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Animal Database
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Animal Database
Hippotigris
640px-Plains Zebra Equus quagga
Plains Zebra (Equus quagga)
Scientific Classification
Kingdom Animalia
Phylum Chordata
Class Mammalia
Order Perissodactyla
Family Equidae
Genus Equus
Hippotigris

Hippotigris or zebras, is a subgenus of African equids united by their distinctive black and white stripes. Their stripes come in different patterns, unique to each individual. They are generally social animals that live in small harems to large herds. Unlike their closest relatives, horses and donkeys, zebras have never been truly domesticated.

There are three species of zebras: the Plains zebra, the Grévy's zebra and the Mountain zebra. The plains zebra and the mountain zebra belong to the subgenus Hippotigris, but Grévy's zebra is the sole species of subgenus Dolichohippus. The latter resembles an ass, to which it is closely related, while the former two are more horse-like. All three belong to the genus Equus, along with other living equids.

The unique stripes of zebras make them one of the animals most familiar to people. They occur in a variety of habitats, such as grasslands, savannas, woodlands, thorny scrublands, mountains, and coastal hills. However, various anthropogenic factors have had a severe impact on zebra populations, in particular hunting for skins and habitat destruction. Grévy's zebra and the mountain zebra are endangered. While plains zebras are much more plentiful, one subspecies, the quagga, became extinct in the late 19th century – though there is currently a plan, called the Quagga Project, that aims to breed zebras that are phenotypically similar to the quagga in a process called breeding back.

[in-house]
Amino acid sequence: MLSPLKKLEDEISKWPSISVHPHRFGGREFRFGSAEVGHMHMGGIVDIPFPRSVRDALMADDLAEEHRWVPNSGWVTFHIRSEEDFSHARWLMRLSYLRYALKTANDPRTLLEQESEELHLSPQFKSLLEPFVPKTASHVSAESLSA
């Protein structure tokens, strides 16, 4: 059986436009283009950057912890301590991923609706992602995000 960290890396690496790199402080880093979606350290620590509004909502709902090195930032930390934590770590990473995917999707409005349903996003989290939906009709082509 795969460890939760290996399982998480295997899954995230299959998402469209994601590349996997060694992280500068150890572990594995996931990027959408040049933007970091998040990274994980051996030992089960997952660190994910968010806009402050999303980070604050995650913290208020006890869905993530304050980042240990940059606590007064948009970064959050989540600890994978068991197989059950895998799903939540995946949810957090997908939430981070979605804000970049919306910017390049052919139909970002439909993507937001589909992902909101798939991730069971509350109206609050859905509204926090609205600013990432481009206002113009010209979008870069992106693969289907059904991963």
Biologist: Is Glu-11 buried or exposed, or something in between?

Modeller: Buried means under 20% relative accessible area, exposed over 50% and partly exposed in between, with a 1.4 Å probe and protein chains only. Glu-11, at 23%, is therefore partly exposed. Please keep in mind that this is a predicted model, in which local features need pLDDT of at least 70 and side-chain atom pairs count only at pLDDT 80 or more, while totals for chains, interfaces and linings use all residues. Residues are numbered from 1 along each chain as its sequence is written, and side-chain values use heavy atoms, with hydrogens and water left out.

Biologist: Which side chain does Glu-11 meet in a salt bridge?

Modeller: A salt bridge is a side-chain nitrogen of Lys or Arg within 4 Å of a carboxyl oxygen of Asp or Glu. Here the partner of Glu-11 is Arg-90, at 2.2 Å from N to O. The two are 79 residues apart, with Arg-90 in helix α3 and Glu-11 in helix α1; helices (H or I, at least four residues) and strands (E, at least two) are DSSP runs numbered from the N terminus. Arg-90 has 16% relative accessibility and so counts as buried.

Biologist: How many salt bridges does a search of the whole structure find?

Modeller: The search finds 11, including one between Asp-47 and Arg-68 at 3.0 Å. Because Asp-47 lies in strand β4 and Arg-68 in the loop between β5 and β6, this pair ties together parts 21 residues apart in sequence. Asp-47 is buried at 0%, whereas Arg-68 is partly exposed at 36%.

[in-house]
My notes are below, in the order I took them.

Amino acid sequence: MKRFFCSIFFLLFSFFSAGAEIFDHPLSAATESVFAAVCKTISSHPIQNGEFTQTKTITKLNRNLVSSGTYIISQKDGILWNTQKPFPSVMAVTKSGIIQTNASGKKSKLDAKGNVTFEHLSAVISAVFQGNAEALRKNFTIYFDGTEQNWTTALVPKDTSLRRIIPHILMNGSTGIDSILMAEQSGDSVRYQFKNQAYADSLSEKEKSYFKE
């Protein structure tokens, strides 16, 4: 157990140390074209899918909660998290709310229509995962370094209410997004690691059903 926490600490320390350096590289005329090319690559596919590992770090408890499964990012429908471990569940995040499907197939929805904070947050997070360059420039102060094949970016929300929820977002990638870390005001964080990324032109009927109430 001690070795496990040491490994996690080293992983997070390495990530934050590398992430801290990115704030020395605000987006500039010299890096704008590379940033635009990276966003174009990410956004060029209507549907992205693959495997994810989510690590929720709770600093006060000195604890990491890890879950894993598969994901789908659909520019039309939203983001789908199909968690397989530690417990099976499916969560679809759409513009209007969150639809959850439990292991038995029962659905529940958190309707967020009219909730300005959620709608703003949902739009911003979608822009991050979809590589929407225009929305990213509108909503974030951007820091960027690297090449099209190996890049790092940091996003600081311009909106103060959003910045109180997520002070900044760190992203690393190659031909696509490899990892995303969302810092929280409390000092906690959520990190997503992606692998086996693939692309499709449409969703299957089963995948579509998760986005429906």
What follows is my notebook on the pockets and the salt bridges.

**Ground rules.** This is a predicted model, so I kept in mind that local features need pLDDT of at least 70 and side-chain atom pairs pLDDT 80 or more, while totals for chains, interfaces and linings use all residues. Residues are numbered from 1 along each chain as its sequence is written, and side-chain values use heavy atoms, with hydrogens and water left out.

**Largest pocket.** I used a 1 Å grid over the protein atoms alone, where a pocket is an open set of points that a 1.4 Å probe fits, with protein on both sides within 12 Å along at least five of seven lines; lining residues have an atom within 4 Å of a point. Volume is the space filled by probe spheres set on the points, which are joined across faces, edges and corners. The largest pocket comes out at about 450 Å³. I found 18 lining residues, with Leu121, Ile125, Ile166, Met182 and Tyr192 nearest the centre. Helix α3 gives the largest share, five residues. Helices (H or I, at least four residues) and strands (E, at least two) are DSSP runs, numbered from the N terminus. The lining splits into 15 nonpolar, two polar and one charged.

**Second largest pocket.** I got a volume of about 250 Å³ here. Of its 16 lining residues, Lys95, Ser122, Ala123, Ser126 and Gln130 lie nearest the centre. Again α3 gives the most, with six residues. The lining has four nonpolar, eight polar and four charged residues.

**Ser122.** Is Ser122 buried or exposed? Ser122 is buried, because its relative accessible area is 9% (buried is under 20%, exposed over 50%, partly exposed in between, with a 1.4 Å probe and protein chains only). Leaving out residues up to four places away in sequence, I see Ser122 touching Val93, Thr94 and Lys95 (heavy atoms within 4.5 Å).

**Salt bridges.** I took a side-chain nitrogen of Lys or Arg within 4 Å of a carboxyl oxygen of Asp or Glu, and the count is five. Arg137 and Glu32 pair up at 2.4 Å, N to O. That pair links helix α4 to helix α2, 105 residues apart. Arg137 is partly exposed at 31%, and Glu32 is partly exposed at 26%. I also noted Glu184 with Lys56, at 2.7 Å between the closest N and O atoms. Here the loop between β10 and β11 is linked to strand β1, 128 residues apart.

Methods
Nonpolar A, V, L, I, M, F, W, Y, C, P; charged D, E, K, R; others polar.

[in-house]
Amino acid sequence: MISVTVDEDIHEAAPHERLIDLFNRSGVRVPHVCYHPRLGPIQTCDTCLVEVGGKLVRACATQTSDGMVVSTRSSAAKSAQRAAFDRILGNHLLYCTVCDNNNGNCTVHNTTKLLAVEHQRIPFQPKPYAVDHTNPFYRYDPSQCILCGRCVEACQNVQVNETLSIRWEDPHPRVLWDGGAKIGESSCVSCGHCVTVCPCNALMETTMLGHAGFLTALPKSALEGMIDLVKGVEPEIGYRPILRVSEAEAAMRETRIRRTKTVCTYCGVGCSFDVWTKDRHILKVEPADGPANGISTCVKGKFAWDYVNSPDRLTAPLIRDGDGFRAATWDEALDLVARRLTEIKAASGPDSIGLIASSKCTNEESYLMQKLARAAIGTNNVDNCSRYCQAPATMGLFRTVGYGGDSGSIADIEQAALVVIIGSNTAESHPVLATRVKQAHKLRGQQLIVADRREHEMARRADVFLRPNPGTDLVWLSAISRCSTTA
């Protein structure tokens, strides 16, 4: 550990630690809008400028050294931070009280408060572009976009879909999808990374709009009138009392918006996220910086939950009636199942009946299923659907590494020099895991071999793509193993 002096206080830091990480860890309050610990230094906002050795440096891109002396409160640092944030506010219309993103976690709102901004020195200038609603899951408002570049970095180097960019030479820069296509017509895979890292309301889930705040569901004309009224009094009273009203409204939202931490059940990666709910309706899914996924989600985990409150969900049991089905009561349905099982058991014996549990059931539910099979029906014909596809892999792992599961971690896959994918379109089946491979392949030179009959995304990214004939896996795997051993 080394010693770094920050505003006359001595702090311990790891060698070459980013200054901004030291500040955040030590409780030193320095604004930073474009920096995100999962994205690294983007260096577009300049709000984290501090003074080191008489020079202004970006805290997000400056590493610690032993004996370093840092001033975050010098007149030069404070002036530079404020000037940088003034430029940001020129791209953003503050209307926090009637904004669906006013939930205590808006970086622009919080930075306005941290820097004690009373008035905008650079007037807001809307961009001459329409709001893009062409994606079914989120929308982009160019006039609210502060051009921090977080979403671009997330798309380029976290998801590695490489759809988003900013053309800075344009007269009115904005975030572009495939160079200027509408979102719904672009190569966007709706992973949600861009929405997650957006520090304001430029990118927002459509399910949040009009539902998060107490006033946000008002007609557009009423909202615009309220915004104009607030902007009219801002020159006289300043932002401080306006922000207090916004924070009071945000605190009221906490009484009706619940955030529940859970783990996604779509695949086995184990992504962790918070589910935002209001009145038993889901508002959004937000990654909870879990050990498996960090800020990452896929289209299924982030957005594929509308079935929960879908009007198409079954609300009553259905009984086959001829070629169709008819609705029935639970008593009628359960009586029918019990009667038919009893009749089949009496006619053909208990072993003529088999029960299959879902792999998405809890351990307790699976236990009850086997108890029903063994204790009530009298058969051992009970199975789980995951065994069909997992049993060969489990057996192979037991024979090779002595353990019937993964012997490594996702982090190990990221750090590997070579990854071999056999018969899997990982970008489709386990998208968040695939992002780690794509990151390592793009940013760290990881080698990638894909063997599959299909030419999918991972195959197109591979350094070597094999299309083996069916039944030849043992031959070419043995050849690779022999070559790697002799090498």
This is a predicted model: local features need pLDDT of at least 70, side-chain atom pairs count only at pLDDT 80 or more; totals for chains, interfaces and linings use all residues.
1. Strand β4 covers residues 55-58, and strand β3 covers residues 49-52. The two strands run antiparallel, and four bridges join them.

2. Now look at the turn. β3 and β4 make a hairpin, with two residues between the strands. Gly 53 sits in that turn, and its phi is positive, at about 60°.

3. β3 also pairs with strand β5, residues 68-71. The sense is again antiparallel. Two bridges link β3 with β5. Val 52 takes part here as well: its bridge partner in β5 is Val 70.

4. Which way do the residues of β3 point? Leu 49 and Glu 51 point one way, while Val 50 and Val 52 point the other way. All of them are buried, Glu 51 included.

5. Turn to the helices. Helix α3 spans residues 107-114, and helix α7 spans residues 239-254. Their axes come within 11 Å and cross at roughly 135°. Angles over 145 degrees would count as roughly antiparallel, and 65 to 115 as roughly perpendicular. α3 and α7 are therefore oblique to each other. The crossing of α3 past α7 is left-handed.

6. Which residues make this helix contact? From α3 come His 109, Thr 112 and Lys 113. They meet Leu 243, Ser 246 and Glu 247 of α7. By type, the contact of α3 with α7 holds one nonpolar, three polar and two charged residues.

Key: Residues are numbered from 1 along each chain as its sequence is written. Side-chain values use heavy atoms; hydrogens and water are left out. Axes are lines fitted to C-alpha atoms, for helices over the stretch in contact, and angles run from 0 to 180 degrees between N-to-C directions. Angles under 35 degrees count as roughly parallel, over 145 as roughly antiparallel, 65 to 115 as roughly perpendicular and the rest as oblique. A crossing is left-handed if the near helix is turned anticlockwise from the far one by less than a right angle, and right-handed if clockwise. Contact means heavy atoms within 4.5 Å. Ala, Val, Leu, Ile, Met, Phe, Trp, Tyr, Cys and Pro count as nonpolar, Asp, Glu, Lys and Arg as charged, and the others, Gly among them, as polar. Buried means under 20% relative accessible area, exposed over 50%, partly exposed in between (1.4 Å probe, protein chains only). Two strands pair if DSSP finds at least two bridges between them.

Taxonomy and Evolution[]

  • See also: Horse Evolution.

Zebras evolved among the Old World horses within the last 4 million years. It has been suggested that zebras are polyphyletic and that striped equids evolved more than once. Extensive stripes are posited to have been of little use to equids that live in low densities in deserts (like asses and some horses) or ones that live in colder climates with shaggy coats and annual shading (like some horses). However, molecular evidence supports zebras as a monophyletic linage.

Classification[]

There are three extant species. Collectively, two of the species have eight subspecies (seven extant). Zebra populations are diverse, and the relationships between, and the taxonomic status of, several of the subspecies are not well known.

Genus: Equus
 Subgenus: Hippotigris
  Plains Zebra (Boddaert, 1785) (Equus quagga)
   †Quagga (Boddaert, 1785) (Equus quagga quagga)
   Burchell's Zebra (Gray, 1824) (Equus quagga burchellii)
   Grant's Zebra (Matschie, 1892) (Equus quagga boehmi)
   Maneless Zebra (Lönnberg, 1921) (Equus quagga borensis)
   Chapman's Zebra (Layard, 1865) (Equus quagga chapmani)
   Crawshay's Zebra (Equus quagga crawshayi)
  Mountain Zebra (Linnaeus, 1758) (Equus zebra)
   Cape Mountain Zebra (Equus zebra zebra)
   Hartmann's Mountain Zebra (Matschie, 1898) (Equus zebra hartmannae)
 Subgenus: Dolichohippus
  Grévy's Zebra (Oustalet, 1882) (Equus grevyi)
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